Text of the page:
“We generally see ad revenue growth at national TV media outlets declining by around 2% each year going forward, excluding incremental spending associated with the Olympics, similar to our expectation for this year,” Wieser concludes.


Breaking down the ad dollar forecast from Pivotal for 2017, total national dollars are expected to increase by 1%, to $73.9 billion. Total local dollars are forecast to fall by 3%, to $57.3 billion.

The five-year Compound Average Growth Rate (CAGR) for total national dollars is statistically flat, at 0.5%.

The CAGR for local dollars, however, is -3.6%.

Total national television for FY17 is predicted to see ad dollars fall 1.9%, to $44.3 billion, and its CAGR is -2.2%.

Spanish-language broadcast TV, once the realm of riches for Univision and Telemundo, is also seemingly at the precipice of a post-peak dip: Wieser forecasts national TV ad dollars for Hispanic media to slip 0.5%, to $1.52 billion, in FY17. While these dollars will grow an estimated 5% in 2018 thanks to the Olympics and some political ad spend, growth is expected to slide some 8.6% in 2019 and decline another 0.8% in 2020 and by 1.2% in 2021. This puts Hispanic broadcast TV’s five-year CAGR at -1.3%.

Local television dollars were broken out by broadcast and cable segments. For Pivotal, cable will be able to plug the loss of ad dollars a bit better than its broadcast cousins. Local broadcast TV will see a 2.2% decline in FY17, to $15.03 billion. The five-year CAGR is -3.9%.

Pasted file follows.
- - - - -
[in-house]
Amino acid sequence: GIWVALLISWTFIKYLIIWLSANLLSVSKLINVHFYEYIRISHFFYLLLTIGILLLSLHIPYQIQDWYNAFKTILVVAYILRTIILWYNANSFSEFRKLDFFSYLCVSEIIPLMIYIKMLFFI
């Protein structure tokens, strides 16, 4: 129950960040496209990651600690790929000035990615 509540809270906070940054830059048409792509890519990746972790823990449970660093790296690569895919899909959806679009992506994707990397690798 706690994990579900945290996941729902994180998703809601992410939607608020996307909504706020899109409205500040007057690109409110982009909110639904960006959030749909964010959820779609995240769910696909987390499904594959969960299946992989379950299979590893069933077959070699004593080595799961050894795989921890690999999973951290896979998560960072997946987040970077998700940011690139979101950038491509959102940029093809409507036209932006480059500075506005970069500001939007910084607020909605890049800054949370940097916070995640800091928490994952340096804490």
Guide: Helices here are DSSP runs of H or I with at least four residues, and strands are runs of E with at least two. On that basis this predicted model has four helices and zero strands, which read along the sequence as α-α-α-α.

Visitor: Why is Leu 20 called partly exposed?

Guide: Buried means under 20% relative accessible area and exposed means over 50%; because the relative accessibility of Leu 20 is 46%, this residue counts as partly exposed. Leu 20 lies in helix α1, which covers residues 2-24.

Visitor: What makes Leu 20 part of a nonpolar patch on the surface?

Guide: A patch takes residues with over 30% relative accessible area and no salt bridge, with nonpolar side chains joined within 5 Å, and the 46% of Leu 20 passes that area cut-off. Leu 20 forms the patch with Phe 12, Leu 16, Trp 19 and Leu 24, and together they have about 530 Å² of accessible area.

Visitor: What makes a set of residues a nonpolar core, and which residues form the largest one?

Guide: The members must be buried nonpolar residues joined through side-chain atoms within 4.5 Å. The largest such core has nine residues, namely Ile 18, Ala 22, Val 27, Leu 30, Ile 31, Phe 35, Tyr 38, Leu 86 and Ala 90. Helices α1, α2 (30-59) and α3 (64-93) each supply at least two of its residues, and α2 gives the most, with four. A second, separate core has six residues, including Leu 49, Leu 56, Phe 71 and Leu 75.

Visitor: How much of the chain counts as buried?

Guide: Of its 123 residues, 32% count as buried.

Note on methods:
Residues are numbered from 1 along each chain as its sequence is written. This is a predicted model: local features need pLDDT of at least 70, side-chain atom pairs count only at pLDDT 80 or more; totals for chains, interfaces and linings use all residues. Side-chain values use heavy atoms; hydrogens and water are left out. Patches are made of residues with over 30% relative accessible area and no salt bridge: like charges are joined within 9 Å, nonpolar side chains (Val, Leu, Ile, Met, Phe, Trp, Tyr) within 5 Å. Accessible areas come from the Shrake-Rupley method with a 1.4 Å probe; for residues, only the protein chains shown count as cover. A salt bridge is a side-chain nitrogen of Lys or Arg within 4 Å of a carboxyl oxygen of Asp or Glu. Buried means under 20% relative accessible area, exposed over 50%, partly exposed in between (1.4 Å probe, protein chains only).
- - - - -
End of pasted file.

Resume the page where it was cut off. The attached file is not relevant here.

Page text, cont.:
Cable’s five-year CAGR is 1.3%, with statistically flat growth expected for FY17, with $4.81 billion in ad dollars.

In fact, radio’s ad dollar haircut looks a bit better than the declines anticipated for VHF and UHF stations, even as improvements anticipated from ATSC 3.0 offset a post-spectrum repack process that’s only just begun.

According to Wieser, total local radio is anticipated to see a 1.9% decline in ad growth in 2017, coming in at $12.56 billion.

While that’s a bit less than the $14.18 billion seen by local radio in FY2010, the negative ad growth percentage is at its lowest point since mid-2014.